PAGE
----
Lean Aerial Photography!?!

Ok, it's really aerial photography with a lean application. And, it's not that aerial. Just a guy standing on a big step ladder and taking a picture of stuff below. Yes, there's a fancy camera in his right hand.

So, where's the lean in this?

Good question.

When I first saw the ladder in the kaizen team's breakout room, I was a bit perplexed. But, as it turns out, there was a good reason for the ladder. Actually, it's pretty cool.

Many of us have participated in the design of future state layouts. This often employs two-dimensional scale models as a team seeks layouts that, among other things, facilitate better flow of product, people, information, tooling, scrap, etc., the use of less floor space, improved visual control, etc.

In an effort to generate multiple ideas and options and converge on the best one, many teams create a number of different alternative designs (think of the popular application of the 7 ways or 7 alternatives). These alternatives are then scored by the team against pre-established, weighted criteria.

Well, creating 7 or so different two-dimensional models can be time AND space consuming. The activity involves materials such as cardboard, plywood, paper cut-outs, sheet metal, magnets, yarn, and so on.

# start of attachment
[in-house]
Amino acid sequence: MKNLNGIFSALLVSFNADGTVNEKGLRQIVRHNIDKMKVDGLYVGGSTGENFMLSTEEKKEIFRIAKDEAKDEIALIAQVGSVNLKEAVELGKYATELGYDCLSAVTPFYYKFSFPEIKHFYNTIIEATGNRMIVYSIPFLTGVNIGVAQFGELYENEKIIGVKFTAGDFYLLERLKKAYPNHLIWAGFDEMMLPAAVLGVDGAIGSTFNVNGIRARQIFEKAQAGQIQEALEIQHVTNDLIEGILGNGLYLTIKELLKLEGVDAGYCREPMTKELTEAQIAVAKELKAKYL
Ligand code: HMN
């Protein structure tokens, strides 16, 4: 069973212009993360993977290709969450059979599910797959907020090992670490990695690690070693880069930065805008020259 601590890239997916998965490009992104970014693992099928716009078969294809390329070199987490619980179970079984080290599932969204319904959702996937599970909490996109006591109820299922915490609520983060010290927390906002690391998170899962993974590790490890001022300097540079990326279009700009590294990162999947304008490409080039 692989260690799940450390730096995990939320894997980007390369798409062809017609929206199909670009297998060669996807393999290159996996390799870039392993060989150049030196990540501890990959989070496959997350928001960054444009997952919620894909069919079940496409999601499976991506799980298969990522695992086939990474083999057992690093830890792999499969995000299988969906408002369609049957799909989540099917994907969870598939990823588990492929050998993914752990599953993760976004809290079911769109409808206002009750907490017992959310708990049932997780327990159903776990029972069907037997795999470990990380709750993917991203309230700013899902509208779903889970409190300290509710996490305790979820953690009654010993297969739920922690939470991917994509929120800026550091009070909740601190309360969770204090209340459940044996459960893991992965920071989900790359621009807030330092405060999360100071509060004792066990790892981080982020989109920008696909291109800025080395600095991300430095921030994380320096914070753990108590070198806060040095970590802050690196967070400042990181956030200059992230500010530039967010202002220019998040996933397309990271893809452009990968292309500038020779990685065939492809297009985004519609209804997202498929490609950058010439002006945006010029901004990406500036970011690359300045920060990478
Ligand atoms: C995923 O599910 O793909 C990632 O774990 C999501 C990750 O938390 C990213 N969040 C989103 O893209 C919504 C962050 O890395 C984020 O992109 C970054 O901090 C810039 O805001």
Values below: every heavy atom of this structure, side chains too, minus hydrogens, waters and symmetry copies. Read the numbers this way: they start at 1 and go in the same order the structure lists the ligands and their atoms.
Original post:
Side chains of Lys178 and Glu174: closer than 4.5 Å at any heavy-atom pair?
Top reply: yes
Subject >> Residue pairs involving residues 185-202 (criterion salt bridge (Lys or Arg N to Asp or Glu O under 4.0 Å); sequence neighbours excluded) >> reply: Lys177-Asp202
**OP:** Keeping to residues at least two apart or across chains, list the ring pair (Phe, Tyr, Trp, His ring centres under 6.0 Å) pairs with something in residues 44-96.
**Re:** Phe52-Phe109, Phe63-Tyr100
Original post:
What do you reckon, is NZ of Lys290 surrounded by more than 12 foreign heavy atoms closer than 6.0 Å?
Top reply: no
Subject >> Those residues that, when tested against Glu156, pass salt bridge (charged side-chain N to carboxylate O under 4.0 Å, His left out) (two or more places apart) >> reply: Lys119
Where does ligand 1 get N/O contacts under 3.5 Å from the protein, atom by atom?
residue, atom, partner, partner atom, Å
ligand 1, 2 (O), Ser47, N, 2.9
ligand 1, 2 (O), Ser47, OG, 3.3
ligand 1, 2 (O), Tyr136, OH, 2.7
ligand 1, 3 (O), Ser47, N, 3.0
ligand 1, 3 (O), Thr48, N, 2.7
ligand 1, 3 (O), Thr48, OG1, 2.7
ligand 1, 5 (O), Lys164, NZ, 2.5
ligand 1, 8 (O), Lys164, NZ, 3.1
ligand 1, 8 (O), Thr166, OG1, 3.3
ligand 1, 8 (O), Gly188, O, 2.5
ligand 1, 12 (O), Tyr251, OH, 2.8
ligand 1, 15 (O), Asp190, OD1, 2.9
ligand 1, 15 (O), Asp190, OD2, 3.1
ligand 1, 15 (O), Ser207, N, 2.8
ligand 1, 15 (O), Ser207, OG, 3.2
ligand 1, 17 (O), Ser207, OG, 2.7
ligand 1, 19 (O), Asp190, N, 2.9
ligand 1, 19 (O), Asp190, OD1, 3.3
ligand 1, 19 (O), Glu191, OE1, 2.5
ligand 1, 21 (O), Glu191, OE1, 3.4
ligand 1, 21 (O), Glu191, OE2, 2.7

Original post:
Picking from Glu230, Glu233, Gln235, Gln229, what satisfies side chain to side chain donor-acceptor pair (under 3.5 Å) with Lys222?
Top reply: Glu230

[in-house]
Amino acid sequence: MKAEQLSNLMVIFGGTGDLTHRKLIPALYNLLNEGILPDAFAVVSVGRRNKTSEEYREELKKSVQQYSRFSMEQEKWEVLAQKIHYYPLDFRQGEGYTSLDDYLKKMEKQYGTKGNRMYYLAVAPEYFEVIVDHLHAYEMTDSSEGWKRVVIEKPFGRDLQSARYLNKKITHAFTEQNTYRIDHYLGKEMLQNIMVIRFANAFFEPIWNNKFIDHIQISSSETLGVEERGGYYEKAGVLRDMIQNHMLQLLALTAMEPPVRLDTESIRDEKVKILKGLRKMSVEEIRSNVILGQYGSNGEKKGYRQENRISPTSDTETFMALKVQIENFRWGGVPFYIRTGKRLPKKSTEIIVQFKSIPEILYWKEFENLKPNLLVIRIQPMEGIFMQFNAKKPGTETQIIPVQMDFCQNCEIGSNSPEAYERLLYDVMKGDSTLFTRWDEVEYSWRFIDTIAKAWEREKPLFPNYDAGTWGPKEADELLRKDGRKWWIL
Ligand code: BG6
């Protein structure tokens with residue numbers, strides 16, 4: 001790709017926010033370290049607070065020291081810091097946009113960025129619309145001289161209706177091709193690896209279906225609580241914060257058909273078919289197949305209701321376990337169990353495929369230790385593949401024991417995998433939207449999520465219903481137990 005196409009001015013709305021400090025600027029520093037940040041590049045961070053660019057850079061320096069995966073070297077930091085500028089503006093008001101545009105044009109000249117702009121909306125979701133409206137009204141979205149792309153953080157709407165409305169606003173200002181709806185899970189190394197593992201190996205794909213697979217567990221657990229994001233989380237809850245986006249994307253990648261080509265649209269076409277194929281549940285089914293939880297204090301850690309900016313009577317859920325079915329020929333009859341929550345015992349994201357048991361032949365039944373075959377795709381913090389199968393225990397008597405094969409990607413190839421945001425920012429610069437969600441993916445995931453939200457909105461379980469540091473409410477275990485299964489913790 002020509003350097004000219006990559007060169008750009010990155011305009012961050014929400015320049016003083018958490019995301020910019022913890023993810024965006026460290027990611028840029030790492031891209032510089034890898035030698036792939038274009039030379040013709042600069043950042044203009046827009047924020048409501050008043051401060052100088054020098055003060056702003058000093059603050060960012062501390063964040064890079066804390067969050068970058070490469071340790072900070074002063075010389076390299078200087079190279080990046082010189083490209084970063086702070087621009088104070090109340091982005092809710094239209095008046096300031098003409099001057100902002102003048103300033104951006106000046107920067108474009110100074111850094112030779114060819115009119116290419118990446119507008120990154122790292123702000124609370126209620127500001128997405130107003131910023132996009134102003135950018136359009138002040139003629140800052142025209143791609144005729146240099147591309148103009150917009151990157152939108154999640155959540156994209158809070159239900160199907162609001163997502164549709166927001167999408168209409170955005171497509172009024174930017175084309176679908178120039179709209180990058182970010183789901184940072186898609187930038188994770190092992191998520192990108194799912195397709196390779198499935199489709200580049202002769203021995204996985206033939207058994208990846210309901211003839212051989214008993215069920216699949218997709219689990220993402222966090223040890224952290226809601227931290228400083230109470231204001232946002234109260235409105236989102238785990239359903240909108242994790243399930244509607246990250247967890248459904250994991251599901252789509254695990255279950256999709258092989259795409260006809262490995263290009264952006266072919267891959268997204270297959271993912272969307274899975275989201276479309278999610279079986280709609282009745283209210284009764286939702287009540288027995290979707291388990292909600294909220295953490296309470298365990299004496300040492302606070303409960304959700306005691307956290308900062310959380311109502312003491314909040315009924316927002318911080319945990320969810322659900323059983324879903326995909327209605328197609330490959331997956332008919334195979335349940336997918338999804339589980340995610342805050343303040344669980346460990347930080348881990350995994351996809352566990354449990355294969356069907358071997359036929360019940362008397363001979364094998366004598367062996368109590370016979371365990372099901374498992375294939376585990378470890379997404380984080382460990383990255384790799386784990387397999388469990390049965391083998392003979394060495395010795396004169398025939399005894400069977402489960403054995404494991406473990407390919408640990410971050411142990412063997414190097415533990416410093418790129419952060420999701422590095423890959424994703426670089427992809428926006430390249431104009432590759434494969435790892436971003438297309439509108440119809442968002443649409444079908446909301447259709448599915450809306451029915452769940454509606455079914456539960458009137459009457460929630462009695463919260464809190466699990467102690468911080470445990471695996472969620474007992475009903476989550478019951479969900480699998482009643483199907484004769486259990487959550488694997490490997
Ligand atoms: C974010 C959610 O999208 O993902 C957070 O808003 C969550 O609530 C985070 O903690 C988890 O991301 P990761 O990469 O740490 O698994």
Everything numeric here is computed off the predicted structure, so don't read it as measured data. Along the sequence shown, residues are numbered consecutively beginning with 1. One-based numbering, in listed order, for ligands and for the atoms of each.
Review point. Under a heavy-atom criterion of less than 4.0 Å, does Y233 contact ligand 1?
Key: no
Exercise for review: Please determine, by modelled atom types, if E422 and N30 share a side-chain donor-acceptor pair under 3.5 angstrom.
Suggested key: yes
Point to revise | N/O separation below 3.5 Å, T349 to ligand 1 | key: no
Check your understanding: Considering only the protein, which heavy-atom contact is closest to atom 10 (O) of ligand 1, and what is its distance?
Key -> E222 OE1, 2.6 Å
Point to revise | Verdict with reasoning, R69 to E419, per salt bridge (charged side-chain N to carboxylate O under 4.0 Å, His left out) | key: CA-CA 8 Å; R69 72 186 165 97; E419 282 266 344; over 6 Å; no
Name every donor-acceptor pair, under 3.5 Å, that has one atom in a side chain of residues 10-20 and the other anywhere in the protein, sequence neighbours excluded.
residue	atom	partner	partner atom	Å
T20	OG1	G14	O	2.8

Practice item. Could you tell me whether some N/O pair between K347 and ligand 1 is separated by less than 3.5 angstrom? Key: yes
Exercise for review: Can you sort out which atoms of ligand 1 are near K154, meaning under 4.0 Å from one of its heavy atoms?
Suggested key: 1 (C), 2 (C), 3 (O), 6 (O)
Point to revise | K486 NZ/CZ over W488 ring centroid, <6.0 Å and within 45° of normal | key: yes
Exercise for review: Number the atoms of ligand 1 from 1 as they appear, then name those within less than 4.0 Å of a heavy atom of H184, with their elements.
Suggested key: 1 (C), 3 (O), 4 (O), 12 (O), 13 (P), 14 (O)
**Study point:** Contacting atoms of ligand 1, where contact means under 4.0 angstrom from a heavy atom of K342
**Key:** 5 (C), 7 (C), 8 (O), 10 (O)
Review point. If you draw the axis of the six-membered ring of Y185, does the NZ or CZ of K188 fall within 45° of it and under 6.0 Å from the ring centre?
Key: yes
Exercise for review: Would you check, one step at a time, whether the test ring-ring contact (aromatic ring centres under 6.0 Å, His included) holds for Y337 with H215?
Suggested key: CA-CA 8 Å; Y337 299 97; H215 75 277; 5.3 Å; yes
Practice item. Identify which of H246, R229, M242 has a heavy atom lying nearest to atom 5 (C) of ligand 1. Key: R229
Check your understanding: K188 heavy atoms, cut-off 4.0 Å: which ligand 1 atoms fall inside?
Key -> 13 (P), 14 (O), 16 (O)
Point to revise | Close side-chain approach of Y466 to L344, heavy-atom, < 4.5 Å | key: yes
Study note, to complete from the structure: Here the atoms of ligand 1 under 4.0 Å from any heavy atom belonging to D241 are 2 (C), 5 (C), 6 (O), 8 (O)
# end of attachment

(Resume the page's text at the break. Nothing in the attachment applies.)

Enter the aerial photographer.

The folks with the ladder had a brilliant idea. After each iteration or alternative design, the designated photographer climbed the ladder and snapped a photo of the layout. (You need a pretty decent camera, by the way.) This way they quickly recorded and printed out the layout and then rapidly proceeded to the next design using the same materials.

More iterations. More ideas. More interaction. More learning. Better output.

Related posts: Lean Space – Some Thoughts and 10 Questions, Without Defined Criteria, (Almost) Everything Looks Good, Ready! Fire! Aim!…Maybe, We Should Have REALLY Simulated First!?

There are 2 Comments

Jamie Flinchbaugh's picture

What we've done for many years is just print out many copies of prints, with to-scale equipment. A little scissors and tape and you can have 5-20 iterations up on the wall for side-by-side comparison in no time. It's essentially what we call the paper-doll method.

There is still a lot of work to be done regarding how factory design itself can change with lean manufacturing. I wrote my thesis from MIT on the topic, which can be found here: http://ocw.mit.edu/courses/sloan-school-of-management/15-763j-manufactur...

although it's plenty dated, it still gets some worthwhile comments.

Jamie Flinchbaugh

markrhamel's picture

Hi Jamie,

Thanks for the comment! Sorry for the tardy reply - somehow your comment was tagged as spam (?!?).

Yes, I am from the scale "paper doll" school as well. But, I though the photography method was kind of innovative. It can make sense if time is really short and/or when folks do not have prints (which happens a lot more than I would expect).

Thanks for sharing the link to your thesis. I will be sure to check it out and I hope that others do as well.

Best regards,